Quadratic spline having shape preserving property

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Hello friends,
In my work I need to use quadratic splines and I can use the command spapi(3,x_data,y_data). Unfortunately, I cannot find a quadratic
spline framework in matlab which also supports 'Shape preserving'. I know that pchip can do the job for cubic splines but to speed up
my codes I cannot use pchip, unfortunately.
I am wondering whether matlab can do what I need? I am
Thanks for your help, in advance!

Accepted Answer

John D'Errico
John D'Errico on 29 May 2022
You cannot define a shape preserving quadratic spline that is differentiable across the breaks.
So while you think you want it, you will be unhappy with the result, even if you did manage to formulate such an animal.
Why you cannot use pchip I don't know, because pchip will be extrmely fast. My guess is you are not using pchip efficiently, but I have no clue as to what it is you are doing with the code, so that is difficult to guess. But I will claim that any quadratic spline you do formulate will not provide any significant speedup over pchip, IF used properly. There will be many other places in your code where you would gain far more, even if you could find some insignificant speed gains over pchip.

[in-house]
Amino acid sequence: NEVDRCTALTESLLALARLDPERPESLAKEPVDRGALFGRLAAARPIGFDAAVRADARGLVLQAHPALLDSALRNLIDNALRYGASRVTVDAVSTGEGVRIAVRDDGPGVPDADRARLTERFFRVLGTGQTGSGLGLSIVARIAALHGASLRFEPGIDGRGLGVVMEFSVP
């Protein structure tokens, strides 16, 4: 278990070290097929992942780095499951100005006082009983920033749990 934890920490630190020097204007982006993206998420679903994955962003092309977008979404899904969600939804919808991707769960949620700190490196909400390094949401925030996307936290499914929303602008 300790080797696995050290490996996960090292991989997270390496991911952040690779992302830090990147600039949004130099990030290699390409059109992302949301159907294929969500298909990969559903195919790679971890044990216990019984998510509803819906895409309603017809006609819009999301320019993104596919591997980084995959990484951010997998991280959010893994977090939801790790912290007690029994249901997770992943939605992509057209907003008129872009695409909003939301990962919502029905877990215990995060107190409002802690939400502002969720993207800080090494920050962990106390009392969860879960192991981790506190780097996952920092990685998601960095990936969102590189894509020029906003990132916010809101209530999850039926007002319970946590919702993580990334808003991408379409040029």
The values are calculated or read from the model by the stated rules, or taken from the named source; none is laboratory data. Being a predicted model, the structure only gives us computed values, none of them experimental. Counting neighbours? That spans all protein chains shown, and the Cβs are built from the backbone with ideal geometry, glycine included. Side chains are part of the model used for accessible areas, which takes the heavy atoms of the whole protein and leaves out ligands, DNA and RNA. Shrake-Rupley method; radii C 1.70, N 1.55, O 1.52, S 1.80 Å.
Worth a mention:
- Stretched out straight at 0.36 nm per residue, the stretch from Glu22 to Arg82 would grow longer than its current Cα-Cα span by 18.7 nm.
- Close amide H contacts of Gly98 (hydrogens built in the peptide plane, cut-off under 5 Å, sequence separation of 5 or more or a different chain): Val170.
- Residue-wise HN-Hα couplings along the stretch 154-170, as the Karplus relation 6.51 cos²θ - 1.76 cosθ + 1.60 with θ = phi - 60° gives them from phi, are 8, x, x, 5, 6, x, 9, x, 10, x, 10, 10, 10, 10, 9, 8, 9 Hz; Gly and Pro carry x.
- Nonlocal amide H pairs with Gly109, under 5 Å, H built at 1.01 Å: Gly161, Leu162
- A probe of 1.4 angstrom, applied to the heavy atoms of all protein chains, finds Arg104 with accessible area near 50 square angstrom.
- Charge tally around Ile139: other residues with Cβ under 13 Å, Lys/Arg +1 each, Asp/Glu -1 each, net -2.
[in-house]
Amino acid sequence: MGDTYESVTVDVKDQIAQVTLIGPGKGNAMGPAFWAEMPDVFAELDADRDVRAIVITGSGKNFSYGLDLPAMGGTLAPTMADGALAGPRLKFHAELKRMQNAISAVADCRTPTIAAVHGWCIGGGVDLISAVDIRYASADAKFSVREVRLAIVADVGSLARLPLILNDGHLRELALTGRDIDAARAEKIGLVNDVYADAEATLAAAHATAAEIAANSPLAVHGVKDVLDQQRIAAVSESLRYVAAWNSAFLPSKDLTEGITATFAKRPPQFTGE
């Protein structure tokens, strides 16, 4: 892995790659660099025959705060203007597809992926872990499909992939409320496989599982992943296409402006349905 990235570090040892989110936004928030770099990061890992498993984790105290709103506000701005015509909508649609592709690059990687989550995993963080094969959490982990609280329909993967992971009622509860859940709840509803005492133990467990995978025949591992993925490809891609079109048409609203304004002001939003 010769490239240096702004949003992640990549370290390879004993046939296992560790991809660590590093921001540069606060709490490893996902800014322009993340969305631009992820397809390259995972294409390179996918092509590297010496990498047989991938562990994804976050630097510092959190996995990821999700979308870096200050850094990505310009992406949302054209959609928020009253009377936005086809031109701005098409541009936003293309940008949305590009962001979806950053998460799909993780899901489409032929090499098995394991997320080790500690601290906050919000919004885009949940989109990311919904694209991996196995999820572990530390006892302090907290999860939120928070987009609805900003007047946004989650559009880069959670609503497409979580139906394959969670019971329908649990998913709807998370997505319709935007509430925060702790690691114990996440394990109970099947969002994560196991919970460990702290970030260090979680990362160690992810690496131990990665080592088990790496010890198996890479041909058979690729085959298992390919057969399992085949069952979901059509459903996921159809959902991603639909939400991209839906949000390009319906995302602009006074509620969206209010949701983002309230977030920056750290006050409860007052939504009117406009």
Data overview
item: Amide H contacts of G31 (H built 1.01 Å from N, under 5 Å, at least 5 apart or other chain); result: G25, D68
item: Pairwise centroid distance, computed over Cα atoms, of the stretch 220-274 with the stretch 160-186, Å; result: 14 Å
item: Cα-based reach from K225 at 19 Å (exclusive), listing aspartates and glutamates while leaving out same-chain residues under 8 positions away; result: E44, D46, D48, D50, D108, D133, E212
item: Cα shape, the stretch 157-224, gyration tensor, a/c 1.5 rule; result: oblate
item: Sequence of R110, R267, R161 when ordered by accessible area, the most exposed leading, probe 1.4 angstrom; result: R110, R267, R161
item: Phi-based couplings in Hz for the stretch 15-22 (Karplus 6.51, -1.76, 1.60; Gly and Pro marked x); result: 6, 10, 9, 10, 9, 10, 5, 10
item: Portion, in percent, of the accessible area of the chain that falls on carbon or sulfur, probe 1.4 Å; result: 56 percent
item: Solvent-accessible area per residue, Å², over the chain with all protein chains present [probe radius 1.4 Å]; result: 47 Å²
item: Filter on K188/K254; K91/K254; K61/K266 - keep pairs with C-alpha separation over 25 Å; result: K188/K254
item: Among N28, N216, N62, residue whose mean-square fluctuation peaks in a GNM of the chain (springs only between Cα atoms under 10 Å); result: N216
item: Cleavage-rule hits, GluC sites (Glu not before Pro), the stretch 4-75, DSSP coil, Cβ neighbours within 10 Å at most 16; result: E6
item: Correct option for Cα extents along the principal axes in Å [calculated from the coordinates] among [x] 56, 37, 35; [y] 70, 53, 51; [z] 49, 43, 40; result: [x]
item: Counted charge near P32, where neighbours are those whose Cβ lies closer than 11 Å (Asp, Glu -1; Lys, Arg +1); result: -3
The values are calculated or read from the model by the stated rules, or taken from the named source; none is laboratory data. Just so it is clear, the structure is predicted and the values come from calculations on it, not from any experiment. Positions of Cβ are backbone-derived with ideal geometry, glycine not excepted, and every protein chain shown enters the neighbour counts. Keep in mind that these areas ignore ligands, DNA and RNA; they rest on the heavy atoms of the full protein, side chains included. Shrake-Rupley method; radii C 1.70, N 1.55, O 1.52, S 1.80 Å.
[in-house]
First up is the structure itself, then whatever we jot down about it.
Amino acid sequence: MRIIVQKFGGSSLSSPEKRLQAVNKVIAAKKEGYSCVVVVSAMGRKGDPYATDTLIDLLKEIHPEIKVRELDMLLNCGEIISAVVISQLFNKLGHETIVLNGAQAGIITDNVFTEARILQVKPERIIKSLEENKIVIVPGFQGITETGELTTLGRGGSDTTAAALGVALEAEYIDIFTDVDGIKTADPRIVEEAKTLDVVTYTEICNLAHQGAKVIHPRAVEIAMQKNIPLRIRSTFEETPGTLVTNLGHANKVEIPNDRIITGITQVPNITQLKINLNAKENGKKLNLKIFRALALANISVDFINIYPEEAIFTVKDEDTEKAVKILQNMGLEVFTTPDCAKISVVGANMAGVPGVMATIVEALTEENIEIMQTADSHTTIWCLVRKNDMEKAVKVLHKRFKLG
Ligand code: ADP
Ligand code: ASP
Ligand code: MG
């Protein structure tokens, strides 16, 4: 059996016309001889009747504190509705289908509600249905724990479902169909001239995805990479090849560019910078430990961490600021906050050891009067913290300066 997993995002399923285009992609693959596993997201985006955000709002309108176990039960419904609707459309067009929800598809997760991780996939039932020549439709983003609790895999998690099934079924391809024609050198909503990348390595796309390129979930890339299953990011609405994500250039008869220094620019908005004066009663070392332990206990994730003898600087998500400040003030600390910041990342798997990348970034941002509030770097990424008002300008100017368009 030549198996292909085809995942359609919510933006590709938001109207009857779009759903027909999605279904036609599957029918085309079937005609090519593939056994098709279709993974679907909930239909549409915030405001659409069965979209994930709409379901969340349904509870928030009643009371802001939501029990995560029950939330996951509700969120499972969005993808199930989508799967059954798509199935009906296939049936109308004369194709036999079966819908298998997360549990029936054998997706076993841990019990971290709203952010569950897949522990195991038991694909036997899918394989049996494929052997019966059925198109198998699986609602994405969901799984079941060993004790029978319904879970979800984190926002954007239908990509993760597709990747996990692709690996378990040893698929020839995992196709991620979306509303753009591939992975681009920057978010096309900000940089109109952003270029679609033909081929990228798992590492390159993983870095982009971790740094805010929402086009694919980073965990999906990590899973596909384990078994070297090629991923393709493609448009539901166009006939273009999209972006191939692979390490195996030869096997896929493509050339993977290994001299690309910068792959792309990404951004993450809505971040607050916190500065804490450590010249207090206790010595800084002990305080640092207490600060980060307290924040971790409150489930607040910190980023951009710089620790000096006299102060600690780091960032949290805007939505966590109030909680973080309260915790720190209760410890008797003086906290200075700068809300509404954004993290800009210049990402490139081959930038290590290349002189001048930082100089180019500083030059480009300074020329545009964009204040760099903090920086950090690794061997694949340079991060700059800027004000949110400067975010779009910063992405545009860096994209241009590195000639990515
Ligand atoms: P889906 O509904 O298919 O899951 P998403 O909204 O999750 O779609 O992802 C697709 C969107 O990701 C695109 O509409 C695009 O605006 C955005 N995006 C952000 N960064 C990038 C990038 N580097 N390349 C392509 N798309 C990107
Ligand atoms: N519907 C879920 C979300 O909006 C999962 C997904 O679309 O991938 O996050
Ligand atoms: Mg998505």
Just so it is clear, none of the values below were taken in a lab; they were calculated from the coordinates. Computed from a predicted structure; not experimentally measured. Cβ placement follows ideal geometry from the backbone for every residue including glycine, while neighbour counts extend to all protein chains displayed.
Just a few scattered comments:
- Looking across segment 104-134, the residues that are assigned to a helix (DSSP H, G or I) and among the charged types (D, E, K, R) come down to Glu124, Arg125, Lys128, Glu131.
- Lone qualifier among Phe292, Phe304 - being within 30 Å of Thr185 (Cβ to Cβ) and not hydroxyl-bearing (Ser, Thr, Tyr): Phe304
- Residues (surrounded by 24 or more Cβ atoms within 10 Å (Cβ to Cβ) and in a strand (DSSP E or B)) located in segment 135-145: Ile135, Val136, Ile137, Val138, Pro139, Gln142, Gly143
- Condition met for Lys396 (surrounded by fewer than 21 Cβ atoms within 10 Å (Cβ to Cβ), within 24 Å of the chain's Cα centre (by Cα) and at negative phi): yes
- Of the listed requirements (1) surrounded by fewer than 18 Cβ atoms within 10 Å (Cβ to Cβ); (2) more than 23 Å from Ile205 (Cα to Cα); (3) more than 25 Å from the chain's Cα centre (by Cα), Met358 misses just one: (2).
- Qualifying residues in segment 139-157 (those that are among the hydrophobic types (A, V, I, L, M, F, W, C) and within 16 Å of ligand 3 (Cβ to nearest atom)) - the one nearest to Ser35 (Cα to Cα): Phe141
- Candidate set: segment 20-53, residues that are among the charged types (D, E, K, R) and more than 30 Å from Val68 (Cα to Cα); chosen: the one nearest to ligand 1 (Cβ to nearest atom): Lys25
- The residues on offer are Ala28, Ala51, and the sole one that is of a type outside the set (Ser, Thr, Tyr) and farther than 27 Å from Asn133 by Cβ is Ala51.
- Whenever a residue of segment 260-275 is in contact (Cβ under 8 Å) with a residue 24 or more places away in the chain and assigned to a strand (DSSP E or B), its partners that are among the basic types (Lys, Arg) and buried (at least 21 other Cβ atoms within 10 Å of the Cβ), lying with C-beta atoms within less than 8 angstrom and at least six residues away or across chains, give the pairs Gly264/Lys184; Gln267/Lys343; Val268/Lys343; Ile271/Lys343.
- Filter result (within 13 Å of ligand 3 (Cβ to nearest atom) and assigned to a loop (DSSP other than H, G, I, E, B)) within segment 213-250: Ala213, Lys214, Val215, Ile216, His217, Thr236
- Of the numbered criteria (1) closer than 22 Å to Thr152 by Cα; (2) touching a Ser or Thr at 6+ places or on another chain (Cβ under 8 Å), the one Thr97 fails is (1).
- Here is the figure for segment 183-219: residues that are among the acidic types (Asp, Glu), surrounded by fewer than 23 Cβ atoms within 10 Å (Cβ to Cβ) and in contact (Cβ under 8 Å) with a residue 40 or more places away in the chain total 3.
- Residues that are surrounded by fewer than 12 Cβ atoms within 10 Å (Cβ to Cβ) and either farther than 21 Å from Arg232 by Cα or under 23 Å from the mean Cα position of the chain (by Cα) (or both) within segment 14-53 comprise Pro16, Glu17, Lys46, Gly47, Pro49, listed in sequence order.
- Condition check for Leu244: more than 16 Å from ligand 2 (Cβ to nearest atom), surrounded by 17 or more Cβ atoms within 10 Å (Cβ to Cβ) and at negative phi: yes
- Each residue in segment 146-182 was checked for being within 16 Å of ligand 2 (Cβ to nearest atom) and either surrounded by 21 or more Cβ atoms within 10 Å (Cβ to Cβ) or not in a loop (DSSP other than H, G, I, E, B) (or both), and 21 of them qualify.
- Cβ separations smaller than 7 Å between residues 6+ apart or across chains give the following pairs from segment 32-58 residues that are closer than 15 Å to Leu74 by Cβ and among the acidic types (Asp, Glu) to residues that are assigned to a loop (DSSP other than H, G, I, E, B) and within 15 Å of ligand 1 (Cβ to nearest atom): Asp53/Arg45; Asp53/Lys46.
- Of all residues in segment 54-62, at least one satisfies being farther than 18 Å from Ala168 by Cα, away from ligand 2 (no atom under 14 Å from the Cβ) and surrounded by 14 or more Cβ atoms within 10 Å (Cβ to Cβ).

More Answers (1)

Mohammad Shojaei Arani
Mohammad Shojaei Arani on 30 May 2022
Hello John,
I did not know that a shape preserving quardatic spline cannot be smooth at breaks. Yes, I agree with you that I
will not be happy with it. A pity!
The reason I need to use quadratic splines has a totally different reason than splines themselves. Yes, cubic splines and pchip are quite fast in matlab. In short I am working on an algorithm whose very lengthy expressions contain the higher derivatives of my function f. So, if I can interpolate f with a quadratic spline, instead of a cubic spline, then I can hugely shorten those long expressions and hence reduce the computational time. But, I also want the interpolating spline to be smooth and this is why I did not want to use linear splines (although I would love to do so!).
Thanks for your illuminating answer John!

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